Small island, deep pockets

Paradise Villas and the Hungry Iguana, located right next to the airport on Little Cayman, are open again for business after COVID restrictions were lifted on the island this week. - Photo: Stephen Clarke

The citizens of Little Cayman love and protect the indigenous plants and wildlife of their little paradise.  

Consensus about their environment is most obvious at their annual Easter Auction, a fundraiser organized by the Little Cayman district committee of the National Trust for the Cayman Islands. Each year, local residents dig deep into their pockets to raise money for such projects as the protection of the Sister Islands’ rock iguana and the red-footed boobies. Over the past two years, close to $150,000 has been raised – no mean feat for an island with a population of around 125.  

This year’s auction is scheduled to be held April 19 at the National Trust building on Little Cayman.  

Thanks in part to the auction’s fundraising efforts, in 2013 the National Trust and its supporters were able to make a dream come true when they purchased some 3.5 acres of the largest Sister Islands rock iguana nesting site. The project was later completed with a boardwalk and sign.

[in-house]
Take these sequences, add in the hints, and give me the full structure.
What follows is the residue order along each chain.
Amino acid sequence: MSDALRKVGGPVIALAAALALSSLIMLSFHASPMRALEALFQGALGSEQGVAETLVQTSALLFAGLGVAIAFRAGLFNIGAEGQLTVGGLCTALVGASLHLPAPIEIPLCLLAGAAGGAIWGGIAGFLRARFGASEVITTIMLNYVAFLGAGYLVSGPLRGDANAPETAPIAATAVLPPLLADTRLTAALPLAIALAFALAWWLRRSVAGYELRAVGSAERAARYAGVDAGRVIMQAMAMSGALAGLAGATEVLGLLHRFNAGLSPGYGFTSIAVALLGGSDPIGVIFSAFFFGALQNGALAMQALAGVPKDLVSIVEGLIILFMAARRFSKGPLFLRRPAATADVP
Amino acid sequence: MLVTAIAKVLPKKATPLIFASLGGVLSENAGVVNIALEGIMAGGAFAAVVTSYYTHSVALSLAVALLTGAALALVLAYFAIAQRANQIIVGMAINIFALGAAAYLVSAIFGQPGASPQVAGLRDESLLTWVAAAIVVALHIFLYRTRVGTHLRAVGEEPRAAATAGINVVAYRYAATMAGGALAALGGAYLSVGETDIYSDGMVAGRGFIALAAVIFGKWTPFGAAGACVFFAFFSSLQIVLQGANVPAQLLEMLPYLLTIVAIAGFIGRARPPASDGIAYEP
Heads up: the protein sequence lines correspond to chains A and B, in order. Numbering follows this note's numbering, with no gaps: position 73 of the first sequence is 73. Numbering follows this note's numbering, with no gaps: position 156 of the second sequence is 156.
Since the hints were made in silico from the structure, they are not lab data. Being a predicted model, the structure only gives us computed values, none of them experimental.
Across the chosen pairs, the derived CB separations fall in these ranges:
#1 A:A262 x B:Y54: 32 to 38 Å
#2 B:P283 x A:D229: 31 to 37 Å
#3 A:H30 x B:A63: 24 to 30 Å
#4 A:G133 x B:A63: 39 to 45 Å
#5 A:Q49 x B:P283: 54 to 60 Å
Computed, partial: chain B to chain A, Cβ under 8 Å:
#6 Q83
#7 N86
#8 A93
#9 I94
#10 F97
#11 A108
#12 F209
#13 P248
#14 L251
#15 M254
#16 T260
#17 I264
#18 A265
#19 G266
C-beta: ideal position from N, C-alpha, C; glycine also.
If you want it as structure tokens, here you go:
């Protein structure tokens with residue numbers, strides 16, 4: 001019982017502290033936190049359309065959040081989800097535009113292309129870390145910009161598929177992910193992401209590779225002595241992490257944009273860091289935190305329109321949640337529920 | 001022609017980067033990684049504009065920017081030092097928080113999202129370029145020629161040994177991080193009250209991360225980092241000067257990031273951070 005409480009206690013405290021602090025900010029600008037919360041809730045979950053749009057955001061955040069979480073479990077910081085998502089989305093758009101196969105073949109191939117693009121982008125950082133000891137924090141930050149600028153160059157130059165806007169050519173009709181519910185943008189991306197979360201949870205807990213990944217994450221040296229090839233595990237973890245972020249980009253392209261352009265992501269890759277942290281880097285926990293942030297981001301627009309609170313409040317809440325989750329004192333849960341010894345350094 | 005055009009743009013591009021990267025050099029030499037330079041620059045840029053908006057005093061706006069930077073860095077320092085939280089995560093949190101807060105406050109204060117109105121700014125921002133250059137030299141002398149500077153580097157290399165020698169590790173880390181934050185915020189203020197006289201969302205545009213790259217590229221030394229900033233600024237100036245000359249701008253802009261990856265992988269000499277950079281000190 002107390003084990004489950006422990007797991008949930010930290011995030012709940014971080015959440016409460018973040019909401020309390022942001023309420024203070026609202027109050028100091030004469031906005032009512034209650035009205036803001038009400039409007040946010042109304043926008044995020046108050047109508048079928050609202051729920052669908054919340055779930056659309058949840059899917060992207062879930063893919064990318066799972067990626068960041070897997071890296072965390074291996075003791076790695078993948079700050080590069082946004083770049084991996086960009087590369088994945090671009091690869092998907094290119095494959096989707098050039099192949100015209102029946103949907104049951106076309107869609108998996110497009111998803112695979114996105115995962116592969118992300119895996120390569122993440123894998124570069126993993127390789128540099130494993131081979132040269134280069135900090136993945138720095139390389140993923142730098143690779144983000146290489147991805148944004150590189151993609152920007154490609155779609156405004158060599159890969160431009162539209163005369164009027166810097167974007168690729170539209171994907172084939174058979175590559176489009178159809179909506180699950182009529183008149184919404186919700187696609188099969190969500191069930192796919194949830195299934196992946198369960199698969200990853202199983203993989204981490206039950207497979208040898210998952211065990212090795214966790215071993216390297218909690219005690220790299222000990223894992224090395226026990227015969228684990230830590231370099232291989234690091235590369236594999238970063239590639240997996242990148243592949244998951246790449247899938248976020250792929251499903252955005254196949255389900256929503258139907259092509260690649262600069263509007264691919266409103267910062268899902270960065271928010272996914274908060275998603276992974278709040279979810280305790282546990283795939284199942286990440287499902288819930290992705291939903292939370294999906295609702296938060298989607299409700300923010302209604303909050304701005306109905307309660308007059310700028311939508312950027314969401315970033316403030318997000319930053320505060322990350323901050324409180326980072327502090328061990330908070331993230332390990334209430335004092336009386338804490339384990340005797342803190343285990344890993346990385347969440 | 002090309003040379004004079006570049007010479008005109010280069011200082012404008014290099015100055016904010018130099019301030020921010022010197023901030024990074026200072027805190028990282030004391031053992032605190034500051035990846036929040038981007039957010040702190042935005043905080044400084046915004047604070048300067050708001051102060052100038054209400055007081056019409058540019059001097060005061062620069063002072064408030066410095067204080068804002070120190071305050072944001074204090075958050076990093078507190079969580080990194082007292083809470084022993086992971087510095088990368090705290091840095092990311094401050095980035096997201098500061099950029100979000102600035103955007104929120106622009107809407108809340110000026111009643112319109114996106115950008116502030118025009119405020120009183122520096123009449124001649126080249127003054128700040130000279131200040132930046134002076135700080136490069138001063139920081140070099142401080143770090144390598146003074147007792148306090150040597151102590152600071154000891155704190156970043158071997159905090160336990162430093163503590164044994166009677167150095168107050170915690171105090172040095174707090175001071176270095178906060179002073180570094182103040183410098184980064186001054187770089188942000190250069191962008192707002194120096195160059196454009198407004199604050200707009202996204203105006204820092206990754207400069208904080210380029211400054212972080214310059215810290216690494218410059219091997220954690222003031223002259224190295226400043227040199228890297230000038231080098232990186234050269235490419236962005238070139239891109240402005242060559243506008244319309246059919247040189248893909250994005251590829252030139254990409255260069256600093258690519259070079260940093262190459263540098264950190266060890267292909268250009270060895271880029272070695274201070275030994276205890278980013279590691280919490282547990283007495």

The nesting site is dedicated to Gladys Howard, who has been Little Cayman’s front-runner in safeguarding the island’s plants and wildlife.  

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The accolade to Howard could not be more deserving. She has been a Little Cayman resident since the mid-‘80s when she built the award-winning Pirates Point Dive Resort.  

Mike Vallee, a dive master at Pirates Point Resort, is the unofficial manager of wildlife nesting sites. An avid conservationist who knows every iguana and turtle nesting site on the island, Vallee is also a photographer whose images of Little Cayman’s flora and fauna would make National Geographic jealous.  

“There’s been too much road kill,” Vallee says. “We need to make people more aware of the isle’s iguana’s importance to our ecosystem.”  

To merge ecology and economy into one working, contented system can be challenging, especially in a place like Little Cayman, which has world fame for its Bloody Bay marine reserve and number of endemic species. 

This year’s fundraiser will target the major repairs and upgrades to the Little Cayman National Trust House. There are many subcommittee members working on this event, and so you may hear from more than one of their eager volunteers.  


For questions or delivery of items for auction, contact Betty Bua-Smith on 948-1077/325-1097 or email [email protected], or Clare Lumsden on 729-1129 or [email protected] 


An auction on April 19 will help raise money to protect the Sister Islands’ rock iguanas.
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